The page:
Over a century ago, a social activist in the United States named Lily Hardy Hammond wrote: “You don’t pay love back; you pay it forward.”
Reflect on the teachers, mentors, family, friends, colleagues who’ve loved you and helped you on your coaching journey. When I do, I see the faces and hear the voices of people who believed in me even when I was unsure of myself.
What inspired you to become a coach? When I ask coaches “why?,” I hear about their desire to be of service and to become their own best selves – to be lifelong learners. When we pay it forward, we put the ideals of both doing good and being our best into practice.
Last year, I had the opportunity to pay it forward – to work towards a better future – by serving as a pro-bono coach to a UNICEF education executive through the ICF Foundation’s Ignite Initiative. An agency of the United Nations, UNICEF works in 190 countries to help governments improve the health and education of children and their mothers.
Assigned to a new post in a different part of the world, my client forged her goals and experimented with new leadership practices. We worked together for six months, meeting 10 times via video. How did my client change through the coaching engagement? In our final meeting, she said: “Now I feel clear on who I am as a leader; I am more confident” and “I unearthed and articulated issues that were important to address and found ways to do it.”
What did I gain from working pro-bono with UNICEF executive? The joy of challenging and supporting someone to be the leader she wants to be. The insights from working with a person employed by a complex, global, social sector organization. And, as I hold my 2 ½ year old grandson in mind, the hope that my service will indirectly benefit a child somewhere in the world.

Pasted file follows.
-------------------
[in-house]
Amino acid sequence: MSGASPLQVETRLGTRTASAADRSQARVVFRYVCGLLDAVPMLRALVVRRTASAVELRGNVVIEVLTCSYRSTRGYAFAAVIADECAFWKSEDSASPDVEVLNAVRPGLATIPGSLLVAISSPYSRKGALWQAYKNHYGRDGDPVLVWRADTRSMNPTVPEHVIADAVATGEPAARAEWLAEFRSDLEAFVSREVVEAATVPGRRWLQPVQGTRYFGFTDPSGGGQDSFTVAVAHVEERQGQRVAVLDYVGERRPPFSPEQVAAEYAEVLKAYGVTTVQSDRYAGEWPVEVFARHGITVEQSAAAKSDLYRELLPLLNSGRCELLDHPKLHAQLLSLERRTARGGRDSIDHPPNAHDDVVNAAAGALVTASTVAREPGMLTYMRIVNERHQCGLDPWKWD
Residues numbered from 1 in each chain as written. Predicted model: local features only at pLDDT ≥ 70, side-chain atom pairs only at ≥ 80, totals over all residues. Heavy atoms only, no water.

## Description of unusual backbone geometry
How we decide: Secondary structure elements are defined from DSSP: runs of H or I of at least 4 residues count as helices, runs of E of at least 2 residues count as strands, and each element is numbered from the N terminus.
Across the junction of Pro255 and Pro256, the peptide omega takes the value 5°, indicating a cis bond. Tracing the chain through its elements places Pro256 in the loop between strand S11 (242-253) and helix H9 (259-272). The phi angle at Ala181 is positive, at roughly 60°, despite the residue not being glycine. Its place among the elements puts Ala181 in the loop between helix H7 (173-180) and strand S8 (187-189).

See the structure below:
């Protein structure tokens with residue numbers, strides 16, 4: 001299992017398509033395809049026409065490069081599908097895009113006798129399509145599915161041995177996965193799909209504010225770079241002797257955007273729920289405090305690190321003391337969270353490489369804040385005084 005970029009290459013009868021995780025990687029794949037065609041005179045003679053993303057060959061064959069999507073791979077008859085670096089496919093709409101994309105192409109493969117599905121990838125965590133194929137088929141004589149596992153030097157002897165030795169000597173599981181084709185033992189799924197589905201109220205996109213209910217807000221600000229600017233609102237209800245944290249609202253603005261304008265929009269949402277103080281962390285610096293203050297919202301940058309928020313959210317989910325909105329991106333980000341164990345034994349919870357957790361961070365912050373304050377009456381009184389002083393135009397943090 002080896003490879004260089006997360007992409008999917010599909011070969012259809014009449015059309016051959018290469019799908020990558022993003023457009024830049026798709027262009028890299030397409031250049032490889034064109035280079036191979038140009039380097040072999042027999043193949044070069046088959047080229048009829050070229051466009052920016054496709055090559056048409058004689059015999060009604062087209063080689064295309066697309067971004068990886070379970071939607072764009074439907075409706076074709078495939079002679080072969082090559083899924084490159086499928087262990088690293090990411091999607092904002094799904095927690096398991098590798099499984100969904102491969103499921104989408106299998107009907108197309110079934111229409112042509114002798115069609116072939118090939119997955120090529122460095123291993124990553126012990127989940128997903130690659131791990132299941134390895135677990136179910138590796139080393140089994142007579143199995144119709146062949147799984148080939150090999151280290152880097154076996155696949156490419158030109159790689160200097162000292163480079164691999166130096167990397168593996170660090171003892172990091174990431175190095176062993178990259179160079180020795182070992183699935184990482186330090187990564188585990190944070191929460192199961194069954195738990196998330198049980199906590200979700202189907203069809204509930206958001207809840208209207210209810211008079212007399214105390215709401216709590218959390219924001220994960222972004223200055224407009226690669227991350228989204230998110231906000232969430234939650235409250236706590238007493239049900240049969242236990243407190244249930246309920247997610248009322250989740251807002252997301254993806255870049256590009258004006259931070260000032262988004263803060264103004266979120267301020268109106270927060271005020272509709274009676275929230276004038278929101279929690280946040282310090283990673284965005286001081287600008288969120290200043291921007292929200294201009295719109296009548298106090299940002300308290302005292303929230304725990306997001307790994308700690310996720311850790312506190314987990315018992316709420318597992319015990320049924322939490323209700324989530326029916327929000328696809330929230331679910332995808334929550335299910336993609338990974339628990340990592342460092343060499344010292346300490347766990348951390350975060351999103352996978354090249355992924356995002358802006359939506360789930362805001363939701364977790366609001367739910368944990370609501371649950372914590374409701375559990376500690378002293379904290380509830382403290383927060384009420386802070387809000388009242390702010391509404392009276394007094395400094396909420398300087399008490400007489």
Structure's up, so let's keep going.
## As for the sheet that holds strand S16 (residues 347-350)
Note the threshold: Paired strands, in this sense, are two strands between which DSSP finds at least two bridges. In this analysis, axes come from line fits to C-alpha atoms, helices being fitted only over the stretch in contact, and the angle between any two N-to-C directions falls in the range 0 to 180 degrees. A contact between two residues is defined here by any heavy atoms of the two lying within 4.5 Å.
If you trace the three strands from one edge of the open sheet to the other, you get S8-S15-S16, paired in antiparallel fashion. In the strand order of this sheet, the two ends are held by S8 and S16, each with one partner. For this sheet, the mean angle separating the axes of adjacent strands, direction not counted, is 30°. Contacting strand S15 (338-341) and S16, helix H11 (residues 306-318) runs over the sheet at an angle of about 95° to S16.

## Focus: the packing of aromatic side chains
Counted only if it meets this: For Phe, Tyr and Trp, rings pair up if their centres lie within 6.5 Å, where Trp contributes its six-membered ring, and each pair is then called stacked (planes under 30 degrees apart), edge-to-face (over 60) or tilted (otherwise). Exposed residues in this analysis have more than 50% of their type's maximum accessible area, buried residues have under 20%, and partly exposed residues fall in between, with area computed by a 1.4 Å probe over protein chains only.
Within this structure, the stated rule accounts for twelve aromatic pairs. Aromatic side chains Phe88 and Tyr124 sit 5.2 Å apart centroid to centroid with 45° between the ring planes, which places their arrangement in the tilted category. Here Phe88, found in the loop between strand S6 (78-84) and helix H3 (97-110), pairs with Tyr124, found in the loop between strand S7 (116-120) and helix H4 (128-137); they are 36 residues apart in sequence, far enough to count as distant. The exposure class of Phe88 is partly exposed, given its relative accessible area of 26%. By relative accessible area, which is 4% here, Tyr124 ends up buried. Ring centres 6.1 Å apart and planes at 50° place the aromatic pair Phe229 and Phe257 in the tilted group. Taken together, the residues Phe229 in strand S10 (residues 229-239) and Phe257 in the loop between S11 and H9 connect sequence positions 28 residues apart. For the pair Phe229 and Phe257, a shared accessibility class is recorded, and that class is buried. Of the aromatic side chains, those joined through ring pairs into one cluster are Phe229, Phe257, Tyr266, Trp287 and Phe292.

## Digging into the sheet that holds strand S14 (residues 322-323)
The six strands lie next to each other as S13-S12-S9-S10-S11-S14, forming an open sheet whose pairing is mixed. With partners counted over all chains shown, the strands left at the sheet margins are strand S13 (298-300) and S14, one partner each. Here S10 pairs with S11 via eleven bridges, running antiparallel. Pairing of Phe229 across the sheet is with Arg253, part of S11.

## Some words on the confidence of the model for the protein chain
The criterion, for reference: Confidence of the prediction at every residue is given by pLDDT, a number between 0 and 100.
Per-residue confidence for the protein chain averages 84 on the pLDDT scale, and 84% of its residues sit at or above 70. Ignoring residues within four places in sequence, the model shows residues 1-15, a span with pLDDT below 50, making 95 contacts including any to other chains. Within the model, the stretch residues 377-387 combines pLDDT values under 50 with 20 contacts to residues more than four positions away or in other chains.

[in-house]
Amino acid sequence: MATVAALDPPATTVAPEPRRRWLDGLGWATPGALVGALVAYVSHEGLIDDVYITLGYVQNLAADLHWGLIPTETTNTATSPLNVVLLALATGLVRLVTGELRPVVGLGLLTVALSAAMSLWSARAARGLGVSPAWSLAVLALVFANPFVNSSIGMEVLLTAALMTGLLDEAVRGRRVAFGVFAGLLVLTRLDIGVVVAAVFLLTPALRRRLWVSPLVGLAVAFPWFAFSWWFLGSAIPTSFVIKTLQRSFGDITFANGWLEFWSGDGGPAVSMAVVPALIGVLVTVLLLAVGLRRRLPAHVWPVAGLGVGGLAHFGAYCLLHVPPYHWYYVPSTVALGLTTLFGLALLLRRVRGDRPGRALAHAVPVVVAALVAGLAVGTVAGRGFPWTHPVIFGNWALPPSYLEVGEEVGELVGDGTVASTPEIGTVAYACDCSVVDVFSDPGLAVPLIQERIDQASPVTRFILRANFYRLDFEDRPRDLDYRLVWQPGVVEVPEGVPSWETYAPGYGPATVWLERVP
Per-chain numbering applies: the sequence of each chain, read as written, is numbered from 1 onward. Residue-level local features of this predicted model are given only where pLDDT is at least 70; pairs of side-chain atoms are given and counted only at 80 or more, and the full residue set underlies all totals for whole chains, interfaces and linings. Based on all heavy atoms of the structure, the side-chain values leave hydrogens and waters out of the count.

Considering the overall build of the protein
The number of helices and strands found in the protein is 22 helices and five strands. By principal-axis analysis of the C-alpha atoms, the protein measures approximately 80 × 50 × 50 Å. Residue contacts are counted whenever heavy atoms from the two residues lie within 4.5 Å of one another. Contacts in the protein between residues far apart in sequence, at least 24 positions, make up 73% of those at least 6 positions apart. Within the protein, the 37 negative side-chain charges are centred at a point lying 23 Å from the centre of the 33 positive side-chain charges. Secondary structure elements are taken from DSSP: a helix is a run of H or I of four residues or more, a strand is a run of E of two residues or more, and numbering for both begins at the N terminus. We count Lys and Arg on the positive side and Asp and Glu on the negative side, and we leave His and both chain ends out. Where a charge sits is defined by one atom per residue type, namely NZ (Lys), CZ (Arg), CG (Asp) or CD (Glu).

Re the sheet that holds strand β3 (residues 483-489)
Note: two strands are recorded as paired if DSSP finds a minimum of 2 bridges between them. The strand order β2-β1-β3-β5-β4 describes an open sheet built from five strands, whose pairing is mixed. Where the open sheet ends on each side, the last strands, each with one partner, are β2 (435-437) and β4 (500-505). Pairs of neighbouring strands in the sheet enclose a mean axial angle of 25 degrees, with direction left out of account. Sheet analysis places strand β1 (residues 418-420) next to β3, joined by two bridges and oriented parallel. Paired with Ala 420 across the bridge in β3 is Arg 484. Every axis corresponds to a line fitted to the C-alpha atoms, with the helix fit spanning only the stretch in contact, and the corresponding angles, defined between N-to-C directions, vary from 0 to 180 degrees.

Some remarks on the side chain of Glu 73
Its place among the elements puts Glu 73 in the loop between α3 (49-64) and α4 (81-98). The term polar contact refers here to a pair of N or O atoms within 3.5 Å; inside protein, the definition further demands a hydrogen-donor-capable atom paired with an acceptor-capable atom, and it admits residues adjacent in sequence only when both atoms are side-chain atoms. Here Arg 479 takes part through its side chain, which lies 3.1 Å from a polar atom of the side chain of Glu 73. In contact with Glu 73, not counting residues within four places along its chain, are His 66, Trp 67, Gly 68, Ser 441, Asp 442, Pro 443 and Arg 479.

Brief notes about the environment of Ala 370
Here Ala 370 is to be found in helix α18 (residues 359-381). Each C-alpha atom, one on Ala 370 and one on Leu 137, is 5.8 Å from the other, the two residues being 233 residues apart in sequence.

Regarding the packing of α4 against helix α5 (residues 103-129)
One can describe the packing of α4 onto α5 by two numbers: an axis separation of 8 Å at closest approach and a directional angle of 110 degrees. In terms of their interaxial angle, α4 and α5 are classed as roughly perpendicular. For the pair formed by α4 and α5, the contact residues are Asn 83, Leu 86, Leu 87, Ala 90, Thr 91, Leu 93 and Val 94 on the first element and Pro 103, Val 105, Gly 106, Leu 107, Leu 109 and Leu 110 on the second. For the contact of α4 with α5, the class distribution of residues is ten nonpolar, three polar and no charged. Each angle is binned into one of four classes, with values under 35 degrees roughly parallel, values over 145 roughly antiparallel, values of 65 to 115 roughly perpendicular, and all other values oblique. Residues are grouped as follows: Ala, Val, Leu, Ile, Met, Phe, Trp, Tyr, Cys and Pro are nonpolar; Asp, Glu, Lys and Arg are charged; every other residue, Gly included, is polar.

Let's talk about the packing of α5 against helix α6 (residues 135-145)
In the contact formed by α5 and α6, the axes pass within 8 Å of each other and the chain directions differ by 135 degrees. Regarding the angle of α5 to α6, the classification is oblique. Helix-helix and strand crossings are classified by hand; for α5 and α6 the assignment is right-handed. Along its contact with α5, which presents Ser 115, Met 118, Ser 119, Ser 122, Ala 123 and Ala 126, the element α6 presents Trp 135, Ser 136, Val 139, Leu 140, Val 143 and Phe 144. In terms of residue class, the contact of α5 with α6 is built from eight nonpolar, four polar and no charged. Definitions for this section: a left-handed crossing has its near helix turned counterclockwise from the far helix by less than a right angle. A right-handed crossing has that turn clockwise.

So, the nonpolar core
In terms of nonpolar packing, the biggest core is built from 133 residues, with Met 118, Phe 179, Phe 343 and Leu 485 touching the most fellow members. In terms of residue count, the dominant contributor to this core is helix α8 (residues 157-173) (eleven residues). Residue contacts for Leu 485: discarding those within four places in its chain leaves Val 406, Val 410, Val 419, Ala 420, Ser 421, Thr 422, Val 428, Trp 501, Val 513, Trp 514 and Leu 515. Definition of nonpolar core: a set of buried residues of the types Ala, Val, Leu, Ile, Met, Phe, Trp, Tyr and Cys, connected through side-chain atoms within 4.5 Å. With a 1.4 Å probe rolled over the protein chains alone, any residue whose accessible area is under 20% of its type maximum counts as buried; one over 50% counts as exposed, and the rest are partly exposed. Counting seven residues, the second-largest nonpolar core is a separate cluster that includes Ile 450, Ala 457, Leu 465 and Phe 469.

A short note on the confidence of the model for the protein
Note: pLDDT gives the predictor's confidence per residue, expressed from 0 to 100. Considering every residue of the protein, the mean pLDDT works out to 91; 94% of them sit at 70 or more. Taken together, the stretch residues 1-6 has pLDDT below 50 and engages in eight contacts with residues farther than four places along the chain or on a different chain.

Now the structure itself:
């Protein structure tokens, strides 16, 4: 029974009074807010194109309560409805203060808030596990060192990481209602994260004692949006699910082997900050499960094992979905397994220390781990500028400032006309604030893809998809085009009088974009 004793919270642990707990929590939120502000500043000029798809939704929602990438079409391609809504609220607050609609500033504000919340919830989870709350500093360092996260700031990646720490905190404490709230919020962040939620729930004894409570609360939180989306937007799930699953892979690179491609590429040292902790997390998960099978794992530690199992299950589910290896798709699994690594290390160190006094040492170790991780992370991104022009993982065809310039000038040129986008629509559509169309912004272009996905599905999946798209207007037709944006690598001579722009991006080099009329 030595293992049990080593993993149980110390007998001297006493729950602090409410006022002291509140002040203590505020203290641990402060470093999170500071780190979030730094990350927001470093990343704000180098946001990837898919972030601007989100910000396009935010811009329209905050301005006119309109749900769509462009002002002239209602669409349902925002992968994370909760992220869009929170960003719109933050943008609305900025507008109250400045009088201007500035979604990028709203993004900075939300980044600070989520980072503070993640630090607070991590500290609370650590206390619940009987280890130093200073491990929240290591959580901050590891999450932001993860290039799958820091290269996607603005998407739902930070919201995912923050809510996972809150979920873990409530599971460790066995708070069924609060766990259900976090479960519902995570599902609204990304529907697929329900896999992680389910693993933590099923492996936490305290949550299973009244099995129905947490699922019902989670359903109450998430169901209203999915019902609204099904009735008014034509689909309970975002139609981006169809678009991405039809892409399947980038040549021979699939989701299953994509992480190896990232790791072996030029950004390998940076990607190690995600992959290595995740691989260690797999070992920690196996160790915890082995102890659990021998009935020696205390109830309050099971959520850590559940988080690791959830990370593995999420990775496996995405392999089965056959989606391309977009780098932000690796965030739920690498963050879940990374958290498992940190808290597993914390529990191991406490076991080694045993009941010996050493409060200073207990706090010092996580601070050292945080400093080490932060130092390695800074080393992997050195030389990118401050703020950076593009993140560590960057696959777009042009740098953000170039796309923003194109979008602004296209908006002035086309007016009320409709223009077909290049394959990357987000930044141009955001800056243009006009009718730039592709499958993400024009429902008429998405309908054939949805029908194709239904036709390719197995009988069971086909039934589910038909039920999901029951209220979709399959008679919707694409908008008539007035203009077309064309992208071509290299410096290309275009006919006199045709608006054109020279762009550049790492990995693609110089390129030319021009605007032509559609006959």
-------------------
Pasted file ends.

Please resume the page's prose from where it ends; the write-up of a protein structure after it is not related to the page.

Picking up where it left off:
The generous heart of coaching is making a difference. How can we pay it forward? Consider these ideas:
- Provide discounted coaching services to non-profit organizations.
- Offer pro-bono coaching on an ongoing basis to a certain percentage of your clientele.
- Partner with other coaches in your area to launch a local ICF Ignite Chapter.
- Highlight your support for non-profits and people who are making a difference in the world via your website.
- Recognize coaches who volunteer their time.
Another step we can take is to encourage coach certification programs to get involved and to celebrate those who already are. One superb example is The Hudson Institute of Coaching, where paying it forward is engrained in the culture. Led by CEO Pam McLean, author of Self as Coach, Self as Leader, Hudson has long organized opportunities for Hudson coaches to make a difference – providing volunteer services worth millions of dollars to leaders in non-profits around the world.
At their 2019 learning conference, with the theme “Together, we change lives,” McLean announced Hudson’s latest initiative and invited the community to offer pro-bono coaching and donate cash to Direct Relief, a humanitarian organization operating in all 50 United States and 80 other countries. Why does the Hudson Institute encourage coaches to get involved? McLean told me recently, “We are living in a diverse world with a multitude of complex challenges. It makes the work of extending a hand even more important.”
When we pay it forward we honor yesterday and those who nurtured us, we connect with those we serve today, and we lift up the best in all of us that is possible for tomorrow.
Based in the Seattle area, Susan Mann, PCC, is a leadership coach and consultant. She has three decades of senior leadership experience in banking, higher education, and philanthropy. She’s dedicated her career to creating opportunities for people to grow. That passion has resulted in awards for designing, facilitating, and coaching in two leadership development programs and recognition for exemplifying the “Spirit of Diversity” and as a “Woman Changing the World”. www.susanmann.com